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The First Fog.

The Cape of Good Hope and…

Railway Indicator.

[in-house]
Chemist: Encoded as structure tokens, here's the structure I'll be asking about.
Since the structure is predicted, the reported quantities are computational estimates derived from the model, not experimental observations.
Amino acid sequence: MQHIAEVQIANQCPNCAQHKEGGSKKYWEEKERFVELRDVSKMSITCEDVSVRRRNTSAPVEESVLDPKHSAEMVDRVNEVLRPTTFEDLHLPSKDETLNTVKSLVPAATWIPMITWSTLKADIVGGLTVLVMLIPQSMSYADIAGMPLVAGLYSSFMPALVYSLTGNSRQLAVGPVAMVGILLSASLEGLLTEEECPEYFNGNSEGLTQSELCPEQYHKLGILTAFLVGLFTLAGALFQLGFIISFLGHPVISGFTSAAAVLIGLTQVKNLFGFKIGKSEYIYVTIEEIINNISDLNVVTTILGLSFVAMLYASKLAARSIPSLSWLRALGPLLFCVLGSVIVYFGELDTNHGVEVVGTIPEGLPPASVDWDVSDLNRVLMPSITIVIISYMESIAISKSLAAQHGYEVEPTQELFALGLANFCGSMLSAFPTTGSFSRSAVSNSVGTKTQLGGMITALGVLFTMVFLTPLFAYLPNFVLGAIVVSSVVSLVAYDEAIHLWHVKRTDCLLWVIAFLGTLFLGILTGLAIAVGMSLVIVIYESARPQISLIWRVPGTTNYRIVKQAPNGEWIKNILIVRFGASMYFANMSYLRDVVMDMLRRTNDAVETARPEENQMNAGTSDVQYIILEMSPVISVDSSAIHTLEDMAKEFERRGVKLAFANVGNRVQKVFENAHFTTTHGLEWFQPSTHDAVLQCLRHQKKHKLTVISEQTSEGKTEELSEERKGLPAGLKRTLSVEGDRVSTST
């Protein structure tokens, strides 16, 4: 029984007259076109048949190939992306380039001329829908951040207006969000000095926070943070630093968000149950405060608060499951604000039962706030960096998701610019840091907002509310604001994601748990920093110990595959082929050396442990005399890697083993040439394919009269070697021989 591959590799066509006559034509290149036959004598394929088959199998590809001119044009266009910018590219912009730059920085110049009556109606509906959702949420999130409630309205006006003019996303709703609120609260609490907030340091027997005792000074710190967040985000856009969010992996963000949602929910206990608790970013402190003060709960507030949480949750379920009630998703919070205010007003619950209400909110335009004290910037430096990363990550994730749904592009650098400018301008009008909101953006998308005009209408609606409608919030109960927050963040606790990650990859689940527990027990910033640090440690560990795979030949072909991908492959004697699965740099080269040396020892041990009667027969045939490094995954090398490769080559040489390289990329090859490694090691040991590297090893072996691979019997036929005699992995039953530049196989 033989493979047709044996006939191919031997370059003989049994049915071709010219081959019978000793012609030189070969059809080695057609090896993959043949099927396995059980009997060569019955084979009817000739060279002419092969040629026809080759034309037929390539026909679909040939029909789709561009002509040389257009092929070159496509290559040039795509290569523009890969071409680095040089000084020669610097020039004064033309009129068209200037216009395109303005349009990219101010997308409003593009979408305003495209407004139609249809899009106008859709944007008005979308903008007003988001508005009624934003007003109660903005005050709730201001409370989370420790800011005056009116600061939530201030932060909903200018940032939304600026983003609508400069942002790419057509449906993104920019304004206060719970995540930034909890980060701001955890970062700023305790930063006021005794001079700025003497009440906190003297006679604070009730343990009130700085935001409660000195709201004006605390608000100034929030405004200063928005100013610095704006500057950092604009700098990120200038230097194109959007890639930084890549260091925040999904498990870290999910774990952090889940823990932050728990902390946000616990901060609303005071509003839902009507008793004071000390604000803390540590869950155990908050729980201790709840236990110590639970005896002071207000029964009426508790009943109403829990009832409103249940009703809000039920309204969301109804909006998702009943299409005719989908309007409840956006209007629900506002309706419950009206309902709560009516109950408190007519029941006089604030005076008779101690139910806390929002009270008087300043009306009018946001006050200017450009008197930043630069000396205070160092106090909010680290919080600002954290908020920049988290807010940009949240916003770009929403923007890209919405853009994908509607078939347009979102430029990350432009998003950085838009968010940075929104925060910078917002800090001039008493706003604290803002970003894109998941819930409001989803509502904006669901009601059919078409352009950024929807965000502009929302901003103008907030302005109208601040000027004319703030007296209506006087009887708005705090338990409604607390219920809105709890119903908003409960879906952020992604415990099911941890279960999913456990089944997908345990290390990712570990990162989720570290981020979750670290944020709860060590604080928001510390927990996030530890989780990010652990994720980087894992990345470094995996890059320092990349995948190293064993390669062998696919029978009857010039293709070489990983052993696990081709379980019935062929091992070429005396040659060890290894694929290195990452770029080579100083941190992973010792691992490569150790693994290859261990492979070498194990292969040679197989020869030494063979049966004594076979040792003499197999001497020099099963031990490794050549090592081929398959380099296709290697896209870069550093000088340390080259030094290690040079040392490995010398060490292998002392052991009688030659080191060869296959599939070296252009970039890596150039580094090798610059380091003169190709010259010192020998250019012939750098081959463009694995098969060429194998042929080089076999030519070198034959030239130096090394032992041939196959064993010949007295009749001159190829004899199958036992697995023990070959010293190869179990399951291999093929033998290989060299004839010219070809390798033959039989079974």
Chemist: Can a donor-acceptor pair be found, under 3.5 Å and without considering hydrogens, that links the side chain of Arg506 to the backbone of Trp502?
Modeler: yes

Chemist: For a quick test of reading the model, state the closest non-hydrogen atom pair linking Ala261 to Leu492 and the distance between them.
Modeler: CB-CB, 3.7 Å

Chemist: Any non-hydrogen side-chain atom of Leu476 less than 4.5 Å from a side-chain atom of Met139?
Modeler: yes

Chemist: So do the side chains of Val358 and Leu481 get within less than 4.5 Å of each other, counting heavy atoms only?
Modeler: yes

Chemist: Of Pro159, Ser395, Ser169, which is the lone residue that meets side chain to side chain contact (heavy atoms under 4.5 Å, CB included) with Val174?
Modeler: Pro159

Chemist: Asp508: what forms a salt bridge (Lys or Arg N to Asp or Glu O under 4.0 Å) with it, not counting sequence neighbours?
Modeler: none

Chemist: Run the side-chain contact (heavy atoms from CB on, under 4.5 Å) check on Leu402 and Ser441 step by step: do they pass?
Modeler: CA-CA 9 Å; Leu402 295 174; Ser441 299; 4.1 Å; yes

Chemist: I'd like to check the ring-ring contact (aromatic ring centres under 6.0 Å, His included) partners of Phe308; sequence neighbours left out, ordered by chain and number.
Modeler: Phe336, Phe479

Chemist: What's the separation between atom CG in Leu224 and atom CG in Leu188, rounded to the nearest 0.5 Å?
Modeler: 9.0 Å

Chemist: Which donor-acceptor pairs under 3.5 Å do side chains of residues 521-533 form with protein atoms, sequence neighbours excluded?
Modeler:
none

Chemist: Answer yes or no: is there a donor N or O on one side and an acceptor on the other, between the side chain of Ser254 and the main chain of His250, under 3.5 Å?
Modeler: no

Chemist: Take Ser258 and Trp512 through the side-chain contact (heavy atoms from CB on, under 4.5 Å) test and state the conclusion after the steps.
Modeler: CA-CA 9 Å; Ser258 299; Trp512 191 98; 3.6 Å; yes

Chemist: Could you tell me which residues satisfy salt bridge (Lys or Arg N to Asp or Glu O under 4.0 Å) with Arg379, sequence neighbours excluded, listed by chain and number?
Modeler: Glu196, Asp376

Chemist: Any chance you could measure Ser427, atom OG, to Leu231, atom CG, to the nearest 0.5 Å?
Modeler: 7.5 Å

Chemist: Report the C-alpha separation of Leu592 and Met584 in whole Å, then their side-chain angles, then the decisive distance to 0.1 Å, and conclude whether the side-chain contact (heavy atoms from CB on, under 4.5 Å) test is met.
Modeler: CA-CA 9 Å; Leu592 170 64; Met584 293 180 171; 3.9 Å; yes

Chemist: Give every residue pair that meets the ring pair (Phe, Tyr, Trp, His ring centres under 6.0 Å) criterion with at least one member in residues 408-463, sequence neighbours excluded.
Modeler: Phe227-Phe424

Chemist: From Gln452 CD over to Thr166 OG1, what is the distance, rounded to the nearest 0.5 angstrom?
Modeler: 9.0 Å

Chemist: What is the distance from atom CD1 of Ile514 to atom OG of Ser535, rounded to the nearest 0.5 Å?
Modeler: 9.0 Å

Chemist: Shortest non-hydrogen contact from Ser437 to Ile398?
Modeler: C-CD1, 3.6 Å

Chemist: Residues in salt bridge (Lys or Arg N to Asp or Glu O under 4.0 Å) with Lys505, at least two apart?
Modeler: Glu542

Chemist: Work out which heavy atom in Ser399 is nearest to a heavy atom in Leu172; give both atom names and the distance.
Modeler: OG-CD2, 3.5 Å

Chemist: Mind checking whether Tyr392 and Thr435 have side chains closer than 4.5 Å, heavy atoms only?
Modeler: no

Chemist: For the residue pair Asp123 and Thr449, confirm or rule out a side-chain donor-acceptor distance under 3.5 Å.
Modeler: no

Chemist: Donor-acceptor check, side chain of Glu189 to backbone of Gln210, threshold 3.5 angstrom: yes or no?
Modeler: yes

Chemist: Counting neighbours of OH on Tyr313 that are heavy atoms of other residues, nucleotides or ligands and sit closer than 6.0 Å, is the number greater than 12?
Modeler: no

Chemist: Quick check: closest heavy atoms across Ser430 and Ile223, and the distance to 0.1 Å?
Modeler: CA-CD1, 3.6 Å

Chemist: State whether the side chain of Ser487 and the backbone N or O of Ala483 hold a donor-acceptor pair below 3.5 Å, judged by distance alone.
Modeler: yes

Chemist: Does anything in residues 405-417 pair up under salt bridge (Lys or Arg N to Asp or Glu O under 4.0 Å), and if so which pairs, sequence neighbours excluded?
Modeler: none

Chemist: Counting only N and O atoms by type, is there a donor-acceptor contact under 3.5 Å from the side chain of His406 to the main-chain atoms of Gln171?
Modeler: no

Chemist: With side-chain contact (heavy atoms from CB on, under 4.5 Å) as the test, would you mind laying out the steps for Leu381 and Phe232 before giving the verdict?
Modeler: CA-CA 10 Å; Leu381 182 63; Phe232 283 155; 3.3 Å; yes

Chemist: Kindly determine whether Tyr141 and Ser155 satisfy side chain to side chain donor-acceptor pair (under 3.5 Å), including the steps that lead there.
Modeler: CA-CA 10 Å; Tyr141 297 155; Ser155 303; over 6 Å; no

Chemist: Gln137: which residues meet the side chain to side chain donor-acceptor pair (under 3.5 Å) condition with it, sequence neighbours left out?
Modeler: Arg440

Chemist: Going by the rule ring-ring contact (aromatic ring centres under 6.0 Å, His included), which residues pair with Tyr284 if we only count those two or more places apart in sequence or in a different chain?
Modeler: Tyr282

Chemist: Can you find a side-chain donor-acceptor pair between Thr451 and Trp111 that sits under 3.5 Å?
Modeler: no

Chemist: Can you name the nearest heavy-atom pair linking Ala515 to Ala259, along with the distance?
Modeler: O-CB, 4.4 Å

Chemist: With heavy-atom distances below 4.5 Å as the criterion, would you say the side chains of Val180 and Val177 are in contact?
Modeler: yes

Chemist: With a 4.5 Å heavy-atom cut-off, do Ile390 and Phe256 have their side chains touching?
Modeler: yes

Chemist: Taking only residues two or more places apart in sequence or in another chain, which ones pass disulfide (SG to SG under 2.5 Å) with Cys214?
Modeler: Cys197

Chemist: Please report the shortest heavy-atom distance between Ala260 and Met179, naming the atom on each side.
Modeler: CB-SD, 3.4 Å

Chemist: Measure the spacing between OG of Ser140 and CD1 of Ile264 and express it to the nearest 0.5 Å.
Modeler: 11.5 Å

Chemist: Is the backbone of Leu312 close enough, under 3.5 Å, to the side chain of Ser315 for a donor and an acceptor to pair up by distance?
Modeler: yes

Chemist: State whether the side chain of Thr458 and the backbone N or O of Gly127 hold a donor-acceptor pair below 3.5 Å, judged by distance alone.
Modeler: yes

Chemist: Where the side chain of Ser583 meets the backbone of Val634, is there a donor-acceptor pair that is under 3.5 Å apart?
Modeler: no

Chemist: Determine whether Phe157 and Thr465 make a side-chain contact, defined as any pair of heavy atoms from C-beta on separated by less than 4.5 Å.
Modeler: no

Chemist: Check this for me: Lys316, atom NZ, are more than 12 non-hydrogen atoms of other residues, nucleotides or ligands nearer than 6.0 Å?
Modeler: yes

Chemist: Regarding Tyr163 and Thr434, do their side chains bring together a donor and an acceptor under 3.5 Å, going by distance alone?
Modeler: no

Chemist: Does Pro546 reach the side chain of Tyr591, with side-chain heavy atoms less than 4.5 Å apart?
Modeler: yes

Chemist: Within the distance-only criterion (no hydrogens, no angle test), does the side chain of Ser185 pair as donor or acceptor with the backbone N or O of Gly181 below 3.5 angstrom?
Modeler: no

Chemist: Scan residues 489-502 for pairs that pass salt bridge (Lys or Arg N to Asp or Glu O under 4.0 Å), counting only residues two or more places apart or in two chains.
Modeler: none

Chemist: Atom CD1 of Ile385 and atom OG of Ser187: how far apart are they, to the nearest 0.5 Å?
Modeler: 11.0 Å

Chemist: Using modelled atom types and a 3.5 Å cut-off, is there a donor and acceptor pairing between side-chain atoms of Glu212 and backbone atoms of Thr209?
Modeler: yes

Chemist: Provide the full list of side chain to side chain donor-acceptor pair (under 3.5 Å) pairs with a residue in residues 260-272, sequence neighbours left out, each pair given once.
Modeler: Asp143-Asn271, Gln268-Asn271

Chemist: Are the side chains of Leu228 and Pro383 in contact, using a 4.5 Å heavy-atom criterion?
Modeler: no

THE MONITEUR ON THE ROMAN QUESTION. The Moniteur of Sept. 25, contains the following. The Roman question having become the subject, of a polemic, it is opportune to make known what efforts have been made by the Emperor to bring about a recon- ciliation between the Holy See and Italy. On the 20th May, 1862, the Emperor addressed a letter to M. Thouvenel, maintaining the necessity for a policy of conciliation, and proposing a combination on the following bases: The Pope will lower the barriers which separate the Pontifical territory from Italy, and Italy will give the necessary guarantee for the independence of the Pope.' A double end (continues the Emperor's letter) will be attained by a combination maintaining the Pope as master in bis own domain, and lowering the barriers which at present separate the states of the church from the rest of Italy. In order that the Pope may be master, he should be independent, and his sway should be freely accepted by his subjects. We must hope that it will be thus when • Italy engages with France to recognise the privileges of the states of the church, and when the Pope, returning to ancient traditions, shall recognise the privileges of the municipalities and provinces, so that they may govern themselves. On the 30th May M. Thouvenel addressed a note to the Marquis de Lavalette, which says:—'The words of the Emperor have never held out a hope to the cabinet of Turin that Rome could become the capital of the kingdom of Italy with the consent of France. All the declarations of France announce a firm determination to maintain the Pope in the possession of his present territory. The only possible arrangement would be the maintenance of the territorial statu quo. Italy would have to renounce her pretensions to Rome, and engage with France to respect the papal territory, and assume the greater portion, if not the whole, of the Roman debt. You will communicate to Cardinal Antonelli the project of conciliation, in which there is nothing of a comminatory character. At the same time you will give him to understand that if the theory of immobility continues to be put forward, the Emperor's government, although as much as posible protecting the interests of the Holy See, would be com- pelled to quit a situation, the prolongation of which be- yond a certain time would falsify its policy, and throw the public mind into the greatest disorder.' The reply, dated Juno 24, of the Marquis de Lava- lette to the note of M. Thouvenel states that he had communicated the project of conciliation to Cardinal Antonelli, with whom he discussed it in four successive interviews. He found the cardinal opposed to all idea of a transaction, and his eminence at length stated that the project could not be received.



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